Johnson Controls Exploding Battery Trial Nears

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By Bruce Kaufman

Aug. 22 — Trial is set for Sept. 19 in a failure-to-warn suit against Johnson Controls ( Martin v. Interstate Battery Sys. of N. Am., 2016 BL 268355, N.D. Okla., No. 12-cv-00184, 8/18/16 ).

Recreational fisherman George Martin alleges he was severely injured when a marine battery made by Johnson “violently exploded” on his power boat.

In a series of pre-trial rulings, plaintiffs' engineering expert Dean Jacobson was allowed to testify that the 2010 Interstate Marine RV Deep Cycle battery was defective because it lacked warnings related to charge type and electrolyte level maintenance.

But Jacobson wasn't qualified to testify as to the hypothetical warnings that Martin should have gotten in order to prevent the lead acid battery from being used with unregulated battery chargers, which allow overcharging, the U.S. District Court for the Northern District of Oklahoma said Aug. 18.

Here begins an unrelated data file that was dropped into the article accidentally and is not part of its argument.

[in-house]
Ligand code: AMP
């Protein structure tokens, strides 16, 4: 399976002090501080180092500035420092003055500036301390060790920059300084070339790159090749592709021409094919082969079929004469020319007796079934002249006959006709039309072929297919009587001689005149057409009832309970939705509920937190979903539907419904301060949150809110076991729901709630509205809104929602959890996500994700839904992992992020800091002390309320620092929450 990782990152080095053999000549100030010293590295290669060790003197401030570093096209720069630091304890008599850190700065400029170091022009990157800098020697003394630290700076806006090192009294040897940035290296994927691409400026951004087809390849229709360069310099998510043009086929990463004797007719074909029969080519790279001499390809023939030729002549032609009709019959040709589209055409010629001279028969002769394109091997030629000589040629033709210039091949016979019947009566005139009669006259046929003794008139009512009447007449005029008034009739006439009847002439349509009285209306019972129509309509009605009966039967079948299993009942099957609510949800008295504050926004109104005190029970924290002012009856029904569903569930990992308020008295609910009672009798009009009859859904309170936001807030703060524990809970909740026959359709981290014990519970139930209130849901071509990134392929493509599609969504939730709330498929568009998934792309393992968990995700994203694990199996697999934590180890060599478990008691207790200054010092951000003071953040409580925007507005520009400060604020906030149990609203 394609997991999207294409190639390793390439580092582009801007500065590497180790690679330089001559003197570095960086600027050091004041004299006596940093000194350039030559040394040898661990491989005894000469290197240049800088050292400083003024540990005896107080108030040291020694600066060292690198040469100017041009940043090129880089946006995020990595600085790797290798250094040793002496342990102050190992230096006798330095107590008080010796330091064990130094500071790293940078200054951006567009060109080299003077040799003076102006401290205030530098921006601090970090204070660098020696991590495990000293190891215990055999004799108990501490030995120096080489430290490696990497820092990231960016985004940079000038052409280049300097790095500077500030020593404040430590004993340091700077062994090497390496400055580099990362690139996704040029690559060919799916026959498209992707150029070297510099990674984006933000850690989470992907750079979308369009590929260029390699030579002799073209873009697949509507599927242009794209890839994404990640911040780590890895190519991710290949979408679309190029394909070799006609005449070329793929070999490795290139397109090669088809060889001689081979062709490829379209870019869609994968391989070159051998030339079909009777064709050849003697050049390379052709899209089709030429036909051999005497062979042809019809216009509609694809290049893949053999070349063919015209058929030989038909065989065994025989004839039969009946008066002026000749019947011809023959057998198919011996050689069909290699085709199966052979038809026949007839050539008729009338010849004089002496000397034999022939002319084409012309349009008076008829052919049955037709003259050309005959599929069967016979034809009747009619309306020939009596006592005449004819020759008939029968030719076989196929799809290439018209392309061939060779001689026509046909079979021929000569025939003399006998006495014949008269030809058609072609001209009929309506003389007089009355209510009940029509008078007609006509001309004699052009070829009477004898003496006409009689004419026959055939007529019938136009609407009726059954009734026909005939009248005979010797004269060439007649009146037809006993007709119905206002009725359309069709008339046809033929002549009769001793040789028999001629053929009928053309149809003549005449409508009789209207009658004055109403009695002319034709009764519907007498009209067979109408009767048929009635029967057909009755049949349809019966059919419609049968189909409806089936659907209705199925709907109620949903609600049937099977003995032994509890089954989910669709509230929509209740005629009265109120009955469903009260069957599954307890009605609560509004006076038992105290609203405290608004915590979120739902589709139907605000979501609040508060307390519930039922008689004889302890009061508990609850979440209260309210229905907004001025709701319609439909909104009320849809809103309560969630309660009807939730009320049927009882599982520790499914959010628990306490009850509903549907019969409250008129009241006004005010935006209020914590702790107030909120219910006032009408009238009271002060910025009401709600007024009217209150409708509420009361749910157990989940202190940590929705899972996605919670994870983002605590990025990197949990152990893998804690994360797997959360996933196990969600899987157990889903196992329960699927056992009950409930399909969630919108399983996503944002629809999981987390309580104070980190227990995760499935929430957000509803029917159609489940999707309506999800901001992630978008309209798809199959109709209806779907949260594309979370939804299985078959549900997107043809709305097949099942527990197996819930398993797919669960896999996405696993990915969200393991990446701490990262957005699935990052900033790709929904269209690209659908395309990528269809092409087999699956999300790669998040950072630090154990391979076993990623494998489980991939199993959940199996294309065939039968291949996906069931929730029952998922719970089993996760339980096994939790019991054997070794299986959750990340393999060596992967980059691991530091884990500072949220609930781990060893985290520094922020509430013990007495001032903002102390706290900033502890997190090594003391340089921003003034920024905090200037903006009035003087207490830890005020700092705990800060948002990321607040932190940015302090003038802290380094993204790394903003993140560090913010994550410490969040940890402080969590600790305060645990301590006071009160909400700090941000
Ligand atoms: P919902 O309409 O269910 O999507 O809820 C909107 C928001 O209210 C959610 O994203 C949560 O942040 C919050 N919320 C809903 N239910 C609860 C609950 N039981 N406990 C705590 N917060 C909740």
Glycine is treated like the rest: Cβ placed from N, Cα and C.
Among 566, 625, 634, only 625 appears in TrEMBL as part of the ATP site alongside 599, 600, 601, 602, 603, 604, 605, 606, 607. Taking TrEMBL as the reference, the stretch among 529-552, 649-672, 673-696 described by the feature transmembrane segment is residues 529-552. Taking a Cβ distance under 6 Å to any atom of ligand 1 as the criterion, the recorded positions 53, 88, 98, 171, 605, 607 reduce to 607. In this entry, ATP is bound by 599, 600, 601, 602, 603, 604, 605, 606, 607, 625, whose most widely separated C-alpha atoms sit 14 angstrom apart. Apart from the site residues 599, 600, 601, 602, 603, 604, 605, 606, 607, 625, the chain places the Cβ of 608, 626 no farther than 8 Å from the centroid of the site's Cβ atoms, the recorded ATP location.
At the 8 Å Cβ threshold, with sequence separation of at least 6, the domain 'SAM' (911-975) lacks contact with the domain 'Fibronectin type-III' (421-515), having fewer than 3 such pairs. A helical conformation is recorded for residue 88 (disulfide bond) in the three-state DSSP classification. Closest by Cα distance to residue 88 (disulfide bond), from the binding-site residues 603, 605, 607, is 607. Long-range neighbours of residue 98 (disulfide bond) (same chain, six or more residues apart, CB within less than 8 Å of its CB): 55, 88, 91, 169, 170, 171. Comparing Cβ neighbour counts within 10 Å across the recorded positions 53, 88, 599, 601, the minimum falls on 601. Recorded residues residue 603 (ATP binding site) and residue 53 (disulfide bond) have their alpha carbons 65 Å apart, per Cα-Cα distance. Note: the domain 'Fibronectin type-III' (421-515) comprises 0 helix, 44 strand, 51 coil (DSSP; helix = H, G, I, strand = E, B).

The court also allowed Martin to substitute Jacobson with colleague David Bosch as an expert witness, citing “medical reasons.”

To reduce prejudice to the defendants, Bosch's testimony will be “limited to the four-corners of Dr. Jacobson’s expert report—that is, he will not be allowed to testify beyond the scope of what Dr. Jacobson’s testimony would have been,” Judge John E. Dowdell said.

Causation testimony by defendant's engineer Joseph Liedhegner, who was to testify that the 2011 explosion was caused by an external spark source and severe overcharging, was rejected.

Liedhegner's testimony might have been appropriate if the claims were based on design or manufacturing defect, but the case turns on the appropriateness of the provided warnings, the court said.

Plaintiffs' attorneys include Levinson, Smith & Huffman.

Defense attorneys include Reed Smith.

To contact the reporter on this story: Bruce Kaufman in Washington at

To contact the editors responsible for this story: Steven Patrick at and Nicholas Datlowe at

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